Off-road tires come in different types and designs. Depending on your needs, you can find a tire that performs optimally on the road, off-road, or both.By Weston Chadwick – November 23, 2015
Contributors: MikekiM, jeeeep, Tripletsi, powrsurg

This article applies to the Jeep Wrangler JK (2007-Present).

Off-road tires are one of the most commonly added parts to the JK. They provide an instant increase in traction and clearance in all driving conditions off-road. Their great performance off-road comes with reduced performance on-road. This is where all terrain and all season tires are used, depending on your needs. All terrain tires are great for light off-road applications such as shallow areas of mud and basic trails. With so many all terrain tire choices on the market, you’re sure to find the tire most suited to your application. All season tires are there for the rare occasion when you need to transverse a gravel road or dirt road. Traction and handling on pavement in all weather conditions is this type of tire’s focus.

Component Breakdown

All Season

All season tires perform well in all on-road driving conditions. These tires offer a long service life reaching amounts such as 40,000 to 50,000 miles. An all season tire would suit the JK owner that occasionally maneuver through trails with mild amounts of rock and surface irregularity.

Figure 1. An all season tire.

All Terrain

All terrain tires bridge the gap between on-road and off-road. Using a combination of deep and compacted tread blocks, these tires are able to gain traction in the dirt while evenly spreading out the vehicle’s weight. The result is a tire with a long service life and useful performance off-road.

Figure 2. An all terrain tire.

Extreme Off-Road

An extreme off-road tire uses a deeply grooved tread pattern to sink into the ground. When the tire rotates, dirt is taken with it maximizing traction. These tires often do not have a long service life, especially when used on pavement. The spaced/deep grooved tread combined with stiff sidewalls isolates the contact patch area. In addition, the tread design often makes for a noisy ride.

Figure 3. An extreme off-road tire.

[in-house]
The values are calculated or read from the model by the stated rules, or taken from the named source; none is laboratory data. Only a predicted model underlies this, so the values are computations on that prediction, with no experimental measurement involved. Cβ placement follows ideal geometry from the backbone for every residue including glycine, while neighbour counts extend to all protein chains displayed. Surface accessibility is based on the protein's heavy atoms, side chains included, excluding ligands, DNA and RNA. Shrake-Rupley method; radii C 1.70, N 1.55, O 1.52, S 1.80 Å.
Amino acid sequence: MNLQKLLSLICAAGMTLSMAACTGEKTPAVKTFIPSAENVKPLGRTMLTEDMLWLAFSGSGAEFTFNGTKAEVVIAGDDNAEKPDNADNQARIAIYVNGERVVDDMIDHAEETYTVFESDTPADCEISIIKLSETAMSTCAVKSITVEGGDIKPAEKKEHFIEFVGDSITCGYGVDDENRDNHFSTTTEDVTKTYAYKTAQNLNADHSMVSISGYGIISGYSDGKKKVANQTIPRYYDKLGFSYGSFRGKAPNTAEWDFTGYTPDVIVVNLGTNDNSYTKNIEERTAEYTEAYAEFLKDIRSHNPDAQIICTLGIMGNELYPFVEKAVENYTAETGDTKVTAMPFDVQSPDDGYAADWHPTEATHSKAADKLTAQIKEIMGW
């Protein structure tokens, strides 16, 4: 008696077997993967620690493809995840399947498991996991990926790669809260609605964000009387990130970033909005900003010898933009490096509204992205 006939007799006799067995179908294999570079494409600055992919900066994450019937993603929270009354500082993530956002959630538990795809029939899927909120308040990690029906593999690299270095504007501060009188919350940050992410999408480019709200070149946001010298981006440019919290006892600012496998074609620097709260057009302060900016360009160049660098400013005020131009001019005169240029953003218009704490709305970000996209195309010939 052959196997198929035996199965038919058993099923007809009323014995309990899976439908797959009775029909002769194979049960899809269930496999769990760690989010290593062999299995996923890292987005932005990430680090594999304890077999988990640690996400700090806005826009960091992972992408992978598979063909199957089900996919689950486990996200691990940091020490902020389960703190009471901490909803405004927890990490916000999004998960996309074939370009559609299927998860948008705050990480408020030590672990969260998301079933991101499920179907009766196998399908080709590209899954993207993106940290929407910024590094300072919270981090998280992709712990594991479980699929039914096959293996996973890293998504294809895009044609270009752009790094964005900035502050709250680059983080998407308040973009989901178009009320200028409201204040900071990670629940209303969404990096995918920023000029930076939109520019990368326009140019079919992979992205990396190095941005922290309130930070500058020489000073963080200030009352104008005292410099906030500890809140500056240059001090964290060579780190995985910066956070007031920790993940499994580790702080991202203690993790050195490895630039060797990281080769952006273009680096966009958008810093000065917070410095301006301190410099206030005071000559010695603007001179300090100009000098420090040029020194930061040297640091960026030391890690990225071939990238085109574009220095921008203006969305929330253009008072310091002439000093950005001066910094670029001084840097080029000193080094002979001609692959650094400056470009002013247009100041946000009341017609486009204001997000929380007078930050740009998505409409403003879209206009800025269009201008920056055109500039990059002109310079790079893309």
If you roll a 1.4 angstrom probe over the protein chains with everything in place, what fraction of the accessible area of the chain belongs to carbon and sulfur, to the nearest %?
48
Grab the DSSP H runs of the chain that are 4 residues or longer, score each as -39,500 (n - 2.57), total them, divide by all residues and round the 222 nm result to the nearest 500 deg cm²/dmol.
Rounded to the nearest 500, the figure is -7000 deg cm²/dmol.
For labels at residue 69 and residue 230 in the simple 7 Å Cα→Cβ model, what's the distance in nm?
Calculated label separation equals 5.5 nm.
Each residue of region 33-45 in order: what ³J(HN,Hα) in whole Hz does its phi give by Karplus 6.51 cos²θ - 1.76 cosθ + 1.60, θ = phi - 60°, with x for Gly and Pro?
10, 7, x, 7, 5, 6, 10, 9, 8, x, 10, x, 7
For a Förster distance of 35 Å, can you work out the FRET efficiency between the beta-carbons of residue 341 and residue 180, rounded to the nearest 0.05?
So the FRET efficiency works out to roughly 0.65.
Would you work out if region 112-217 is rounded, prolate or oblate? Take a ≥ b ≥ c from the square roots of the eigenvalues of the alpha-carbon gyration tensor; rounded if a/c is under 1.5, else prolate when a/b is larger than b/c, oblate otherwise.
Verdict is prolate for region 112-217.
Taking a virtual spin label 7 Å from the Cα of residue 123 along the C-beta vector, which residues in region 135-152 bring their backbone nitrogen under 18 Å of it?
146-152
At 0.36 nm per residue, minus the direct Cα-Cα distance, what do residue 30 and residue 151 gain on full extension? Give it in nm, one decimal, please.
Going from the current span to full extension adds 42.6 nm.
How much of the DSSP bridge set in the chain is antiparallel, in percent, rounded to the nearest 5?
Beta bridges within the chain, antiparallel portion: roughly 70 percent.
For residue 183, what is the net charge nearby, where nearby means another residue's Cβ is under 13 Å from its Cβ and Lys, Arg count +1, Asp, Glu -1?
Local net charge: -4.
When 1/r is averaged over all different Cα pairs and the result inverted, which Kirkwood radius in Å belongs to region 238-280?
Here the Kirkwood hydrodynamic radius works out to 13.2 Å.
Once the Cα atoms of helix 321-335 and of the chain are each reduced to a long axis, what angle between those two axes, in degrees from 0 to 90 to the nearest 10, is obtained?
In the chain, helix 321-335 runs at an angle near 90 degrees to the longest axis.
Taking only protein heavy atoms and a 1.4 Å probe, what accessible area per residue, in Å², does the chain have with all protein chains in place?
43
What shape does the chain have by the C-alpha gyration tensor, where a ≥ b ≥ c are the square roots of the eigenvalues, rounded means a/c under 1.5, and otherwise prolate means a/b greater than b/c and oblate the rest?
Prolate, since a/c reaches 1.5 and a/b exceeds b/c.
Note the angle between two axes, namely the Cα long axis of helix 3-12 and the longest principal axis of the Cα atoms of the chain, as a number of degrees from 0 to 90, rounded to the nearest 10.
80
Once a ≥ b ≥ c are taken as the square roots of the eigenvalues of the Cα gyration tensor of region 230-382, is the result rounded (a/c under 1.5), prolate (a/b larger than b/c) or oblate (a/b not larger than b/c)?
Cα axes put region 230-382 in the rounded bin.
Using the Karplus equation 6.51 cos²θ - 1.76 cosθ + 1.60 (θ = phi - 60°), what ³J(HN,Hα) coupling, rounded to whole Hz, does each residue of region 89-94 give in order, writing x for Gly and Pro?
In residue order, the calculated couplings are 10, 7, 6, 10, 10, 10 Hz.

Scheduled Maintenance

  • All season tires average life expectancy is 40,000 to 50,000 miles.
  • All terrain tires average life expectancy is 50,000 to 60,000 miles.
  • Extreme off-road tires average life expectancy is 30,000 to 40,000 miles.

Tires come with an expiration date. This is measured in years and is found on the tire sidewall. Look for the four digit DOT code inside the circle. It lists the tires week and year of manufacture. The first two digits are the week and the last two are the year. Most tires have a six year expiration date. Check with your tires manufacturer for more information.

Figure 4. Where to find a DOT tire code.

Common Questions

Should I buy a bias ply tire or radial?

Bias ply tires generally use a softer compound compared to radial type tires. This creates excellent traction for bias ply tires when off-road with the air pressure low. A radial tire uses firmer construction that equals a longer service life.

What are the most popular off-road tire brands?

Some of the most popular brands are BFGoodrich, Michelin, Nitto, and Goodyear. Specific tires that seem to be popular amongst Jeepers include BFGroodrich Mud Terrain, Goodyear Wrangler, and Nitto Mud Grappler.

What’s the largest size tire I can fit under my stock JK without issue?

The largest size tire that can be fit without modification to the fenders is 33″ in diameter. An 11″ to 12″ width is about the average width recommended.

Common Issues

Extreme off-road tires and on-road handling:

There will be some decrease in handling compared to all terrain or all season tires. The lower contact patch area and softer compound make for less stability on pavement.

Large tires and their effects on the speedometer:

With 33″ tires, your speedometer will read about five miles per hour to slow. Some computer flash tuners include settings for speedometer calibration such as SuperChips and Procal.

Optimum rear axle final drive ratios with large off-road tires:

You’ll want to change the final drive ratio when increasing tire size over 33″. Popular choices are 4:10, 4:56, and for the more off-road focused 4:88. Higher gear ratios equal more tire rotations per output shaft rotation. This makes for great low end torque while off-road.

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